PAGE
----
Ask the Expert: A New Year’s Budget System (That Actually Works)

We have all tried to find that magical budgeting system that will make us spend less money. We sign up for apps that ask us to tediously track every dollar we spend or that sync with the bank.

At the end of the month, it reveals the devastating amounts we spent. Fifteen hundred on groceries? Three hundred at Target for back-to-school shopping? The data sends you into a tailspin that only a healthy dose of financial deprivation can heal. You put the family on a financial diet for a month, sending everyone to work and school with beans and quinoa.

But then — mutiny. You can’t take the complaints, the agonizing over every dollar. A grande soy extra hot latte with a shot of bee pollen and the cycle repeats.

We know our budgeting systems don’t work long-term, but we also know we need to control our money. We feel better when we do.

It doesn’t matter that we know how much we spend eating out, on babysitters, pedicures, avocado toast or popcorn at the game. What does matter is if we put enough money into retirement and the other stuff we care about (college, vacations, charitable giving) while not going into debt paying for the rest.

Where to Start

Start with retirement saving. That’s easy. Have 10 percent taken out of your pay and deposited into your 401(k). Retirement? Check.

Now, how to spend the rest? When your and your spouse’s paychecks hit your account, you may as well be walking around with a giant bucket of cash, just sprinkling it out until it’s gone: a few thousand for the mortgage here, a hundred for dinner club there, throw in the on-sale Louboutins, the last-minute guys’ weekend and a hefty private school payment. By day five, you’re worried your money may not make it.

There is a better way, but you must get your bucket of money down to a manageable amount that allows sound decisions.

Start with the monthly bills. Add them up — from mortgage to utilities to car insurance to lawn care — and take them out of the bucket. Consider these bills static.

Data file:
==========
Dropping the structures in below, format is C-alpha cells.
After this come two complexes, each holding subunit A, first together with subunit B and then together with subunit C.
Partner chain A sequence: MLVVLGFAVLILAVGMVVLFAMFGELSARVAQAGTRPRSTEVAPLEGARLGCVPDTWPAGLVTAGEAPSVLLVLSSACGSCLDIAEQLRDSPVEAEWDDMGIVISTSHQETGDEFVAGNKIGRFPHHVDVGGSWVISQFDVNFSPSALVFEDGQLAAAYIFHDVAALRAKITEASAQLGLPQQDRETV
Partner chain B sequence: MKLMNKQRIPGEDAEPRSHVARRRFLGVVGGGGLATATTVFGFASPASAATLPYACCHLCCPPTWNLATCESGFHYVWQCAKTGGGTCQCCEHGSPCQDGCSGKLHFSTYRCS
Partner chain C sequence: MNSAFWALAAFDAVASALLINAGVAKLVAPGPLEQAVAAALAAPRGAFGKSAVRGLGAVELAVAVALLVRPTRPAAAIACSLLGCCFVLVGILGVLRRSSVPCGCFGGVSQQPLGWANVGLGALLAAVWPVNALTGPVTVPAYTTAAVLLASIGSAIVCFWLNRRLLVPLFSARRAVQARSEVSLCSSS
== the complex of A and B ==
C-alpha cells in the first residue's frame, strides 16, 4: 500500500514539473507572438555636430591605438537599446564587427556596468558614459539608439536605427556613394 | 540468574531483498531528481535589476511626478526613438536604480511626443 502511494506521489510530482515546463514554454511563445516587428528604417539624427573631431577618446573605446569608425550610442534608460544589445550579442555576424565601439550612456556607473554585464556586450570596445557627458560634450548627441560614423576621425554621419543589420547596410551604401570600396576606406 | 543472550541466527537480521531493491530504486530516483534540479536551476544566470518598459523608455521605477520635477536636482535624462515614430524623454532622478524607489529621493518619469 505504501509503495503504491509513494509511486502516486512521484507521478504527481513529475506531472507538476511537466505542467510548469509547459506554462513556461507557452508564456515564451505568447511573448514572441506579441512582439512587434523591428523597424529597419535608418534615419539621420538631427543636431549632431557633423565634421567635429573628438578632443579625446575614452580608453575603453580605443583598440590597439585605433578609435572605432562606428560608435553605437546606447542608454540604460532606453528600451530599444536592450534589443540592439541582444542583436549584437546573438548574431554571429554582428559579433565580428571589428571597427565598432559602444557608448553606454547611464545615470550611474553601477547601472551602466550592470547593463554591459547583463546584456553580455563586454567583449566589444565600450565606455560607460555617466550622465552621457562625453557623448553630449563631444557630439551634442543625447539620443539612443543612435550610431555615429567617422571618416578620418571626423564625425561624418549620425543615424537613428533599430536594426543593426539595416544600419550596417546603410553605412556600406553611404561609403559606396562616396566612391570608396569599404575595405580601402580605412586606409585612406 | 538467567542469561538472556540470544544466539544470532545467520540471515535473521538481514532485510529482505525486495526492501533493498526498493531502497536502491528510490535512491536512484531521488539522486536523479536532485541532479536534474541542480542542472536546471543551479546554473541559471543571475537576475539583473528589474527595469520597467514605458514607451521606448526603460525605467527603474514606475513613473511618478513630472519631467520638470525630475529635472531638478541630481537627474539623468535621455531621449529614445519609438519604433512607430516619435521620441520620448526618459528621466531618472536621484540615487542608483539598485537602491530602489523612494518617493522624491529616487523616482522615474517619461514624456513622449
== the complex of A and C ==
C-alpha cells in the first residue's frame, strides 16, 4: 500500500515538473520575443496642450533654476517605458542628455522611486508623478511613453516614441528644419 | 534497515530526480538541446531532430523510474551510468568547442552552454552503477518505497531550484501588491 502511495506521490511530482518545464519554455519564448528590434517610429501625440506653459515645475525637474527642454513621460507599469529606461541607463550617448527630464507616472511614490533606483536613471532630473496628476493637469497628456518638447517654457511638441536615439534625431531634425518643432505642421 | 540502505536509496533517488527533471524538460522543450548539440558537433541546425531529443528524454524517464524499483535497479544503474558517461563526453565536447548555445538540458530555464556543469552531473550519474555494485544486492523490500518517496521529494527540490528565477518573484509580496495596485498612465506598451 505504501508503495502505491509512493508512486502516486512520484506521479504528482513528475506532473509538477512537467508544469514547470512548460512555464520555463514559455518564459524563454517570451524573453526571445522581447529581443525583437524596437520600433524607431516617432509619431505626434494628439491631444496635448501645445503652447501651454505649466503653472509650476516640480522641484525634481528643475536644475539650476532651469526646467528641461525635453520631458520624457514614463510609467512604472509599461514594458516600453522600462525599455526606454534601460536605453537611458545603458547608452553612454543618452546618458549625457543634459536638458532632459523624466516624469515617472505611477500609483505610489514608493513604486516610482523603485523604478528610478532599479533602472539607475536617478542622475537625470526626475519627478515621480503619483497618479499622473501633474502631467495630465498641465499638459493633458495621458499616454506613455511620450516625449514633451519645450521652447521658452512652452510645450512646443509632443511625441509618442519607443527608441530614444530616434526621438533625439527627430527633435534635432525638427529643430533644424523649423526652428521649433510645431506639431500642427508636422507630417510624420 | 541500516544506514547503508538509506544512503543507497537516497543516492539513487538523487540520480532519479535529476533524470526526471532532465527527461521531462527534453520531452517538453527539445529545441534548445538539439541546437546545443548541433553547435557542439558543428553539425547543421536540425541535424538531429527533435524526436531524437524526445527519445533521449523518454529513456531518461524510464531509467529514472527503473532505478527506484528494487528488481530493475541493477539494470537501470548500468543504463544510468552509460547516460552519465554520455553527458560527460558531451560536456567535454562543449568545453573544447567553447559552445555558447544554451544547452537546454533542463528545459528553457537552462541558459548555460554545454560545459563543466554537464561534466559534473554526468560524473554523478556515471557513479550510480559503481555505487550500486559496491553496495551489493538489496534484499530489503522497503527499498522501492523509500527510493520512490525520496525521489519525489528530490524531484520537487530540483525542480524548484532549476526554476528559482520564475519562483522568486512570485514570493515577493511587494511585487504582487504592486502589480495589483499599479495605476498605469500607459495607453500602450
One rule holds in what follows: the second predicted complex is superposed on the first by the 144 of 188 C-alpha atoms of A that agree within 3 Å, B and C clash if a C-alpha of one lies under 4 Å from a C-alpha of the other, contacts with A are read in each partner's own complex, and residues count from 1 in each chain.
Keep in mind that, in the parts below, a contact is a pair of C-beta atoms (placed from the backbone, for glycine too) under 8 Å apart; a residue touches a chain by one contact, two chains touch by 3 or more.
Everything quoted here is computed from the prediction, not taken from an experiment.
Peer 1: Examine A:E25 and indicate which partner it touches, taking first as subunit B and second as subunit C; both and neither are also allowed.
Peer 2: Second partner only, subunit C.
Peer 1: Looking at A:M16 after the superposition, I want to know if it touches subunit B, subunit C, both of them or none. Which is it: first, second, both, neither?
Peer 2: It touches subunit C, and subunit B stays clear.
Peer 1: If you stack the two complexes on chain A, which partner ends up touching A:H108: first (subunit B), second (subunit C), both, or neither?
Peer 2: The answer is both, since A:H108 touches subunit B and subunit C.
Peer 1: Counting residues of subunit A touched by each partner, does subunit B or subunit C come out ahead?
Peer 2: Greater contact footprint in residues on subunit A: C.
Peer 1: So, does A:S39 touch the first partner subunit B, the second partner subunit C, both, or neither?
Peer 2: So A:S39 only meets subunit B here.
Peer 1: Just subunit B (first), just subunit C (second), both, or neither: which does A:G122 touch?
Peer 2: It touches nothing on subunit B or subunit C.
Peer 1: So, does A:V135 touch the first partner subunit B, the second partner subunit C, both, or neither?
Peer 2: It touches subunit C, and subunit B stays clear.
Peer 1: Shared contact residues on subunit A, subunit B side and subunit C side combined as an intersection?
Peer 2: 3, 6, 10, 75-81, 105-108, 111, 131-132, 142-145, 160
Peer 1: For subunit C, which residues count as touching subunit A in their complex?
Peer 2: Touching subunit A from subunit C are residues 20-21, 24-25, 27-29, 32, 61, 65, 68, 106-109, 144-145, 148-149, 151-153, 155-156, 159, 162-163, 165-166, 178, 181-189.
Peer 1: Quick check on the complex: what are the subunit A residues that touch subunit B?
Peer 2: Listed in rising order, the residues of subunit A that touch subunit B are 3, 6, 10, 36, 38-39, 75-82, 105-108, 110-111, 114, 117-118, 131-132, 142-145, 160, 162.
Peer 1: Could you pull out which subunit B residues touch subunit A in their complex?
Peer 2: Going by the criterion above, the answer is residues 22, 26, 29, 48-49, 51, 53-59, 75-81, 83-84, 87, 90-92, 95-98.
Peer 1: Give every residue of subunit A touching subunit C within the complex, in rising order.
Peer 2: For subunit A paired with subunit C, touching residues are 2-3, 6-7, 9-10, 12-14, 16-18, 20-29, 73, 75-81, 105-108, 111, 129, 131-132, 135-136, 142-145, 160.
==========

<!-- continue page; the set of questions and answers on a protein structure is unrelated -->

What about the dynamic spending items that seem to happen in spurts? Maybe you want to take an amazing vacation every year. Simply start a new bucket. Open a savings account called “vacation” and put in a set amount every month.

For your kids’ college education, have a portion of your check auto-deducted and funneled into a 529 investment account bucket. Put some funds into a “home repair” savings account bucket for that new air conditioner you know you’ll need one day soon. Plan to give gifts at Christmas and throw birthday parties for your kids? Put some aside each month in a “gifts” account bucket.

Now the bucket that really matters just got smaller and easier to manage.

Your monthly income, minus your static expenses, minus dynamic expenses, equals your actual spending budget, or the money you need to control. Rather than doling it out over a month, break it down by week. Multiply that actual spending number by 12 months, divide it by 52 weeks and your once-complicated budget is now a guilt- and deprivation-free amount to spend each week.

Depositing that amount into a joint checking account funds your farmers market run, fuel, hair care, trips to Target, avocado toast and Louboutins. (Yep, you can get the Louboutins, though you might want to stock up on Ramen noodles that week.) Just spend that amount to zero every month with debit cards you and your spouse use.

No more judgment. No more cycles. Just a simple system that you control.

Sarah Catherine Gutierrez, CFP, is founder and partner at Aptus Financial.

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